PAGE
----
Bee-Friendly Gardening Tips
Bees are lovely when buzzing around flowers, lovely makers of delicious honey, and lovely if you enjoy living in a habitable biosphere. Sadly bees and bee colonies are doing rather poorly right now so it is imperative we make all do something to save them, as they are so critical to the ecosystem overall. While we heavily applaud the large scale efforts, such as France banning all five bee-killing pesticides and encourage everyone to support similar measures, we also strongly believe in the importance of everyone doing their part no matter how small, because a million people making a small change makes for a huge change overall. So let's dive into six ways you can do your part to save the bees.
Ditch the Yard
First thing we need to do is get rid of the idea of a large empty suburban lawn full of grass. These are environmental disasters, wasting water and space and acting as virtual deserts while often requiring chemical fertilizers to maintain. In fact one of the main reasons for the bee decline is a decline in their natural habitat, and sprawling suburbs are a big contributor to that, Now, if you’re ambitious, there are ways to completely get rid of lawns that end up becoming low maintenance as well, but if you’re not ready for that at the very least you can try and reduce the amount of laws you have overall and give the bees a flower filled oasis.
When planting out your garden, try and plan out your garden to provide flowers as long as possible. Bees remember which areas provide food, and if you can provide food for them as long as you can then they’ll remember your yard as a consistent supply of pollen. Think of your gardening as having three flowering seasons; early spring, early summer, and late summer/early fall. Pick out flowers to plant based on when they bloom to make a timed schedule. For example, if your garden has hyacinths in the spring, snapdragons in the early summer, and goldenrod for the end of the flowering year, your local bees will be very grateful.
Plant their favorites
Of course planting bee’s their favorite flowers is the way to go. First thing first, plant flowers that are native to your region, as it is what they were born to pollinate. As a bonus, native flowers are always easier to grow. Second, look for fragrant and brightly colored flowers, because if you noticed, like half of these tips are basically plant a gorgeous garden. Flowers use bright colors and strong fragrances to attract pollinators in the first place, so it’s a sign that the bees will love them. Finally and possibly most importantly, plant single headed flowers over double flowers. Single flowers are flowers with a single ring of pedals per head, such as daisies, sunflowers, and blackeyed susans, whereas double flowered are flowers with multiple rings of pedals in them such as most commercial roses. These double roses are often mutations where the stamens have mutated into extra pedals, and because of that have to be bred by humans commercially instead of being able to pollinate naturally. This means that no matter how pretty they look your bees will avoid them. And yes, this also means that naturally occurring wild roses are single headed and look nothing like what most people think roses look like. If you see double roses in the wild, they were most grown from a human-bred cutting, and are surviving in the wild simply because they’re tough bastards.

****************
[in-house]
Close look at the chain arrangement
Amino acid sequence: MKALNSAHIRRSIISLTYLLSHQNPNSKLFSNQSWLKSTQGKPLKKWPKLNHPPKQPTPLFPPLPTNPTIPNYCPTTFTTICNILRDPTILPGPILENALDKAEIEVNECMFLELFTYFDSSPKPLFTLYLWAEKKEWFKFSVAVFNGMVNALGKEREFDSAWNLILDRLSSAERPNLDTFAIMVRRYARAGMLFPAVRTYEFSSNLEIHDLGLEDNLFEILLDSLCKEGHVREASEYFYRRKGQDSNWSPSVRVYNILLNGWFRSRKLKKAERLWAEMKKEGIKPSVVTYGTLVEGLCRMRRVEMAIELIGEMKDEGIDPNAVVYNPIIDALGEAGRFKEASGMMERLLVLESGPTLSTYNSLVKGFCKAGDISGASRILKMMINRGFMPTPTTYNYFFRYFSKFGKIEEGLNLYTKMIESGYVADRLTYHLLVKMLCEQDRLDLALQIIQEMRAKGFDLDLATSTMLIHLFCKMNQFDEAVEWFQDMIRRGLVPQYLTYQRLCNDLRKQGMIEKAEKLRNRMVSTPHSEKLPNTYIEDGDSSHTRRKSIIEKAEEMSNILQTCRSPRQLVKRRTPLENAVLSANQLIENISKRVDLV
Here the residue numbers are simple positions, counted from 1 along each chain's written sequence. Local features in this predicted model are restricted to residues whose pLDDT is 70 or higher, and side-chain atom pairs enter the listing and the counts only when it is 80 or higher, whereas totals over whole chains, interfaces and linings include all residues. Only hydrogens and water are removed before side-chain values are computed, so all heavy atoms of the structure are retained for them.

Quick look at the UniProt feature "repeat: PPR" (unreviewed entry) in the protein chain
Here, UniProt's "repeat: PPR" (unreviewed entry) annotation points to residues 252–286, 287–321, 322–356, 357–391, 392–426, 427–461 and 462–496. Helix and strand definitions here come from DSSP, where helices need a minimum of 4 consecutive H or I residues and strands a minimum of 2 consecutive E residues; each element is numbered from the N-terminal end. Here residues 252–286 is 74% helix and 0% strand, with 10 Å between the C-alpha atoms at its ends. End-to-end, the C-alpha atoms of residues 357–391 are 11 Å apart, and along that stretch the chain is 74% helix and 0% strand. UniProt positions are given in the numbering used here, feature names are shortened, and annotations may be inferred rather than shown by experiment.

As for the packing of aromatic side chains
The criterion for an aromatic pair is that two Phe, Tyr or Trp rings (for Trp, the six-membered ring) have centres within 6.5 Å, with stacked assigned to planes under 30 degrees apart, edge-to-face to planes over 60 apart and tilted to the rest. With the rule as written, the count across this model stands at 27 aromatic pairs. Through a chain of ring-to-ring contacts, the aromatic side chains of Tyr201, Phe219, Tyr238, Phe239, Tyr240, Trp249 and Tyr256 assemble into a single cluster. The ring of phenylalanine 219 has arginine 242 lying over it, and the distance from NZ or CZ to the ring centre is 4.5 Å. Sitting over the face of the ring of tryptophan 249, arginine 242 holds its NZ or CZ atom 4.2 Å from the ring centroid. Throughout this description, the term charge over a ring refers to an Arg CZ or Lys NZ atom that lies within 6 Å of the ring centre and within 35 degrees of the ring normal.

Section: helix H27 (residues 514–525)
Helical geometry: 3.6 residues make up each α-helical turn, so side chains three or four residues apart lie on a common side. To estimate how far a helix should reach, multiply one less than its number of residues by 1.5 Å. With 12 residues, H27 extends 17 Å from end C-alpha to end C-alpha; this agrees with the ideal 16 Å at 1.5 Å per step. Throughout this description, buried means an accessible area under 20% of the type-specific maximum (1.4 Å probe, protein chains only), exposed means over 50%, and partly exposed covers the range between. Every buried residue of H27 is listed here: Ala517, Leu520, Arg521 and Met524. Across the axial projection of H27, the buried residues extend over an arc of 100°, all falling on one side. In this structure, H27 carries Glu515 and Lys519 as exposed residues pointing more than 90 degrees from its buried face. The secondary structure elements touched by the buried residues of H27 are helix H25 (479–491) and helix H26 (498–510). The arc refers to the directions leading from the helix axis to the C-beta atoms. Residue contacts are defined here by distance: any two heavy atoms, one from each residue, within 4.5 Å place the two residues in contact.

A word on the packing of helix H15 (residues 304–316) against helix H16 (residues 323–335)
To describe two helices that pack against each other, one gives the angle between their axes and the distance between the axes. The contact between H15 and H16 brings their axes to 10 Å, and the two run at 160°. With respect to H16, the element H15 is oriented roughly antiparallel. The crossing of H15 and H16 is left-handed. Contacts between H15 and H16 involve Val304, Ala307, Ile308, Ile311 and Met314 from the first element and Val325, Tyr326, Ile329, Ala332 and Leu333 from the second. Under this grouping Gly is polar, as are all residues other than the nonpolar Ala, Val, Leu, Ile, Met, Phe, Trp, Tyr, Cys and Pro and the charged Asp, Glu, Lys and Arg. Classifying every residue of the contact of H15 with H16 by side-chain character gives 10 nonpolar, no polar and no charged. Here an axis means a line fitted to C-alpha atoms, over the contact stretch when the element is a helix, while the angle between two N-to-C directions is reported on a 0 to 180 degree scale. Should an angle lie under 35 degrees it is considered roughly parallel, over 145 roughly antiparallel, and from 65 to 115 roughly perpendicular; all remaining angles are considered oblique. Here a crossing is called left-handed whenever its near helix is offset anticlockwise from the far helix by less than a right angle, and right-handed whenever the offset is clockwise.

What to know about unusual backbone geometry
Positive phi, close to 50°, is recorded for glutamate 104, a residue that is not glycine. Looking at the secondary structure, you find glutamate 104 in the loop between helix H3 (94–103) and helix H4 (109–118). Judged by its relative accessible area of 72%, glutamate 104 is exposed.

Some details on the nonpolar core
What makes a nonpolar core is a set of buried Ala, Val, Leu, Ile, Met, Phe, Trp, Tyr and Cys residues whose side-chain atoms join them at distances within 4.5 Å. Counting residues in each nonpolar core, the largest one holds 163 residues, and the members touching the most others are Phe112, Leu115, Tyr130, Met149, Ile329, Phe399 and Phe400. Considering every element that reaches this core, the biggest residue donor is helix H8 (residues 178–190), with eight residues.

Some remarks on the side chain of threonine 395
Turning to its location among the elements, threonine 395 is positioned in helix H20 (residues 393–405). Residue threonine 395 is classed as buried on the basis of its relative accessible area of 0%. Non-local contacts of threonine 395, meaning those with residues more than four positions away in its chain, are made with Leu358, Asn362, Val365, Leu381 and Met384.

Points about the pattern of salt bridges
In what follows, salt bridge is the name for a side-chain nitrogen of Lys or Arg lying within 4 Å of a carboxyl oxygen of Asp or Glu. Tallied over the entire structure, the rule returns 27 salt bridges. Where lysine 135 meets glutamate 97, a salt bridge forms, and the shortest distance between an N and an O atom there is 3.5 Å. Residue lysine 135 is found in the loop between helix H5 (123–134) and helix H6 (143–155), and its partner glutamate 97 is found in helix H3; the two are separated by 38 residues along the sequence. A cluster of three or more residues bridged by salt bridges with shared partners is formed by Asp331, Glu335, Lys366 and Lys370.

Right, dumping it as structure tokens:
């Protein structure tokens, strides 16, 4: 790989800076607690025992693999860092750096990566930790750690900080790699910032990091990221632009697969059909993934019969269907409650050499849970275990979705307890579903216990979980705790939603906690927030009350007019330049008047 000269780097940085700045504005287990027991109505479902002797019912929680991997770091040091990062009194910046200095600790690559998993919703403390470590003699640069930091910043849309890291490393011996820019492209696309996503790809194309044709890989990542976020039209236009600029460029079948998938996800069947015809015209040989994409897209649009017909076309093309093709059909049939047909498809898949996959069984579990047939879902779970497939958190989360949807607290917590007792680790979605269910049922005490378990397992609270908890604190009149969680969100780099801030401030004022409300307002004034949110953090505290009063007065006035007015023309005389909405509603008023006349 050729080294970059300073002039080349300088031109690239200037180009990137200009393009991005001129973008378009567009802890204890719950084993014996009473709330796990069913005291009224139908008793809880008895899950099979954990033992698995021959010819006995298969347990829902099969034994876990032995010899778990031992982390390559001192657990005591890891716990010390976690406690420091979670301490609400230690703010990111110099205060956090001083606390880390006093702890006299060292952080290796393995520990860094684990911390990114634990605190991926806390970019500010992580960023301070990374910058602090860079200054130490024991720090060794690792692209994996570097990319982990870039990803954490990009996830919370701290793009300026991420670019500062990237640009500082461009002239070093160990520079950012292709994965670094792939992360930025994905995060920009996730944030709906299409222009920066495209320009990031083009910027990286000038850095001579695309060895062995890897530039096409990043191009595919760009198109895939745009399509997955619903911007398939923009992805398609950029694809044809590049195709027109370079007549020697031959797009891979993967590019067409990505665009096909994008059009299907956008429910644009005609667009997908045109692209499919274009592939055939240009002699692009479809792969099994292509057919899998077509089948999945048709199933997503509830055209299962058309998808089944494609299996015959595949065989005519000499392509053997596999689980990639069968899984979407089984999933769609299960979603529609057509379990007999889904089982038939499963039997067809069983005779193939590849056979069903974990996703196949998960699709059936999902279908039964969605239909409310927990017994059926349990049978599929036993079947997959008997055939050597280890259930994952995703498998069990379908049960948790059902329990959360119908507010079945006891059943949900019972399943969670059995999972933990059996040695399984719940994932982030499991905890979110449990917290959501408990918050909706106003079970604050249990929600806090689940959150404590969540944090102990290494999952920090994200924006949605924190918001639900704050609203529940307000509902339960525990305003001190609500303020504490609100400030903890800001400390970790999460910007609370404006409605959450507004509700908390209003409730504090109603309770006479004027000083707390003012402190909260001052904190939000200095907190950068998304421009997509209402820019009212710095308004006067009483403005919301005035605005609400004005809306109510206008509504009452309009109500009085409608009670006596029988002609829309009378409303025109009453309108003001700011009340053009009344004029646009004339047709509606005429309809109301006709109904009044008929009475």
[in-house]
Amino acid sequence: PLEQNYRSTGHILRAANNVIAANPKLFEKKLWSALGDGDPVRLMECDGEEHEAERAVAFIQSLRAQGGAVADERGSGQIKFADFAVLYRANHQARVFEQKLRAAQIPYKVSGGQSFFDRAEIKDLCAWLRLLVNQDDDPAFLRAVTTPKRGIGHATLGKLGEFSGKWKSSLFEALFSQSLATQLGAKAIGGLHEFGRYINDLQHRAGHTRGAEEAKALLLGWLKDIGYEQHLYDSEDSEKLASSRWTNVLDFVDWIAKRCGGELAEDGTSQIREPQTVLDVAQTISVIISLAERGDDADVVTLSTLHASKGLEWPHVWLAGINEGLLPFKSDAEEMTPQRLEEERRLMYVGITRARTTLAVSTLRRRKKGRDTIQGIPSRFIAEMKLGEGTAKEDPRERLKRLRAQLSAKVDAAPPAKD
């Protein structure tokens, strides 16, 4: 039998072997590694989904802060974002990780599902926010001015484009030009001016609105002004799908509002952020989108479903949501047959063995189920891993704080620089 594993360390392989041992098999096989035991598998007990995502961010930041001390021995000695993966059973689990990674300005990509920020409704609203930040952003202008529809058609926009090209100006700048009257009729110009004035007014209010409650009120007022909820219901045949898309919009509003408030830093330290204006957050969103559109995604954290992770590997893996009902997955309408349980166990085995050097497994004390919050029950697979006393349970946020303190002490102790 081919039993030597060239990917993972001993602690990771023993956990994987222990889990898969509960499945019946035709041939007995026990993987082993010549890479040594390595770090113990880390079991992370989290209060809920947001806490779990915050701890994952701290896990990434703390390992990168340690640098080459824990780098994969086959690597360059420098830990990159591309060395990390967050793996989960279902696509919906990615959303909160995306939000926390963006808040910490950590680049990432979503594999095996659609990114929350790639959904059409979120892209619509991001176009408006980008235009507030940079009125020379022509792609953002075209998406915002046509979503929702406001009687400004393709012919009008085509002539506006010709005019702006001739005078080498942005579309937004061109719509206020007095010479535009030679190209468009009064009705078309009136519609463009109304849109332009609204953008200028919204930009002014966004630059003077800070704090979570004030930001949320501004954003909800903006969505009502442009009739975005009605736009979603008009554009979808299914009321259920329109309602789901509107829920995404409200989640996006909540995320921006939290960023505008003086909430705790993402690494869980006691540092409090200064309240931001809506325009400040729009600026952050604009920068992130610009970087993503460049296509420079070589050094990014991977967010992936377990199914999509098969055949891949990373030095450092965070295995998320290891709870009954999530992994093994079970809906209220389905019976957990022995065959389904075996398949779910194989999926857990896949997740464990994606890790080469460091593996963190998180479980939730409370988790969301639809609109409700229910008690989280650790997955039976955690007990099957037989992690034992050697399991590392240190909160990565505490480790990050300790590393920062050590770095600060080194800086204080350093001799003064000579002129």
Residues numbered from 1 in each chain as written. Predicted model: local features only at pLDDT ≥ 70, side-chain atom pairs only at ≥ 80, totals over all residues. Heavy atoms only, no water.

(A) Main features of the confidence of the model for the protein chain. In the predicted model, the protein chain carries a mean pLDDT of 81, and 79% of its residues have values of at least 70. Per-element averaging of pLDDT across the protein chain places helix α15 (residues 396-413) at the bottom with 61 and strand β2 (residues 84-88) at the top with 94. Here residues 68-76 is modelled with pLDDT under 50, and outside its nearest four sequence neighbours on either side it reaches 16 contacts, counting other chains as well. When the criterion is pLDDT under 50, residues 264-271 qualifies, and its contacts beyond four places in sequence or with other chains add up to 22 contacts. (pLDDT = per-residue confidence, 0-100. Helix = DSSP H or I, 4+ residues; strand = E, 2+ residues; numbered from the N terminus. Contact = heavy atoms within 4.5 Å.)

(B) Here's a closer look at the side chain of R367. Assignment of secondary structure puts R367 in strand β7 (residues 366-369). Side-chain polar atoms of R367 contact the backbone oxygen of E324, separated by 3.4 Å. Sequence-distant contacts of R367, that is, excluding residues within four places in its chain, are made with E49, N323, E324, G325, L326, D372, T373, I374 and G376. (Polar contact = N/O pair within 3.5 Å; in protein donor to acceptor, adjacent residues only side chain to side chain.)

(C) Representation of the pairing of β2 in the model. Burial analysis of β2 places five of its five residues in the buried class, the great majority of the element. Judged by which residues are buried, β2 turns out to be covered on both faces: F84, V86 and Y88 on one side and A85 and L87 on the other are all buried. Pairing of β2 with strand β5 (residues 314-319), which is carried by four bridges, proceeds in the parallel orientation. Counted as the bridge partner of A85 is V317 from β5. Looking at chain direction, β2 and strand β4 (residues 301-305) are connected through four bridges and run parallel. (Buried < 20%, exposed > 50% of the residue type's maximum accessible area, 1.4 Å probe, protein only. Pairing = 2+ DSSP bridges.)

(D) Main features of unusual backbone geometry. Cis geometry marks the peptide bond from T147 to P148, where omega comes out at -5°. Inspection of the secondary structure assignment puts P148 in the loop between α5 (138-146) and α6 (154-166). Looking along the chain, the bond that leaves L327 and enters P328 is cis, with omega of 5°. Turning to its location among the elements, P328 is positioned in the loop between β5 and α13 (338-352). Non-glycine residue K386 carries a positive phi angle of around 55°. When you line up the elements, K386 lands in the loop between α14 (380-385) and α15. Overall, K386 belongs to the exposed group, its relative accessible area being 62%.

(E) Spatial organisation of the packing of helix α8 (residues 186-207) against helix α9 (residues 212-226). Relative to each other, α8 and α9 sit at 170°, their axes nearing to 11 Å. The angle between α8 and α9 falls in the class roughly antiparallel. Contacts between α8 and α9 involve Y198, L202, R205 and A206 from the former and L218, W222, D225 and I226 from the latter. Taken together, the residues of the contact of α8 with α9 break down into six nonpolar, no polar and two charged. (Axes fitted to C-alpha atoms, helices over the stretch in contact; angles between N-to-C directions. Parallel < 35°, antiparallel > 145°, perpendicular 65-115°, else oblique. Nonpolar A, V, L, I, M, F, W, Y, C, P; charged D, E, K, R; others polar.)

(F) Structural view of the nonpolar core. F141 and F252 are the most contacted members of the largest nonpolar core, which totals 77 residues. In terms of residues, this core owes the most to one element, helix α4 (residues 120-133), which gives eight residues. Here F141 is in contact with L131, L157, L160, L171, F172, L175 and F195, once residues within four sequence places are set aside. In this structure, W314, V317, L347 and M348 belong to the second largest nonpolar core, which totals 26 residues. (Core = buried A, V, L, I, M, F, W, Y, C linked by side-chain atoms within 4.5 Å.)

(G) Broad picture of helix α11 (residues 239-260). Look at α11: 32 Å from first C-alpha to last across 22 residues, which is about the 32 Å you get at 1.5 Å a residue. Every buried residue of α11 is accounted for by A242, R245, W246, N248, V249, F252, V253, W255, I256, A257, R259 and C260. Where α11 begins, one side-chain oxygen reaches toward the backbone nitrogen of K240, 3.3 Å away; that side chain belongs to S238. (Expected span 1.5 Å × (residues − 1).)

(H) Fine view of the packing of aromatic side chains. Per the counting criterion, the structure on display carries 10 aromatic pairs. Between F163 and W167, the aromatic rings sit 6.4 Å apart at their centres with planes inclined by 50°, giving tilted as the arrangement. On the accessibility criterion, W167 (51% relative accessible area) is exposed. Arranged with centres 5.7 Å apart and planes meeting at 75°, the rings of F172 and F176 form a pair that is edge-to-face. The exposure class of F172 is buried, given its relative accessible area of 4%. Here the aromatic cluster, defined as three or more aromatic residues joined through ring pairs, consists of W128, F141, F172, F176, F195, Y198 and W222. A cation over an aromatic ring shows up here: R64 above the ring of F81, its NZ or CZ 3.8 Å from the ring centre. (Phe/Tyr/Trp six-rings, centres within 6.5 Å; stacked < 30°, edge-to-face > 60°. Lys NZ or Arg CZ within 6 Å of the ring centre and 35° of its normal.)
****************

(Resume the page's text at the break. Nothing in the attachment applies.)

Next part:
Water and Shelter
You are not the only one who wants a cool drink of water or a long bath after a long days work. Bees need some good old R&R too, and will appreciate access to a water source. Luckily they’re bees so that’s not a lot of water. A shallow bowl of water with pebbles for them to land on is all they’ll need, and as a bonus, it can make for an adorable decoration. If you had a birdbath that got taken over by bees, the shallower beebath will attract them to that and the birds can take back their bathing spot. Bees also need shelter from the elements too. Don’t worry, this doesn’t mean you need to take up beekeeping or keep a giant nest in your backyard, some species of bees like bumblebees just need a bit of shade. Plant enough plants close enough together to make shady spots or plant flowering shrubs like butterfly bush and lacecap hydrangeas to give them a spot out of the elements.
DO NOT USE PESTICIDES. It’s not only the large agribusinesses use of pesticides that are killing the bees, even small amounts of your over the counter pest killers can be horrible for the local bee population, especially a certain Monsanto weed-killer that also causes cancer. Even small amounts can disrupt bees navigation or otherwise make them ill. Instead use more natural ways to control weed populations.
No land? No Problem!
Finally, if you don’t have the land room for all this gardening, you can still do your part with a simple windowsill garden. While you won't be able to provide a full shelter like a full sized garden can, you can at least give the bees a place to stop by on their travels. And in nature’s amazing two for one deal, some of the best window sill plants for bees are those kitchen herbs you were wanting to grow anyway, such as rosemary, chives, sage, and mint (warning: put the mint in a separate pot, mint is an aggressive grower). Just let them flower and you are good to go.
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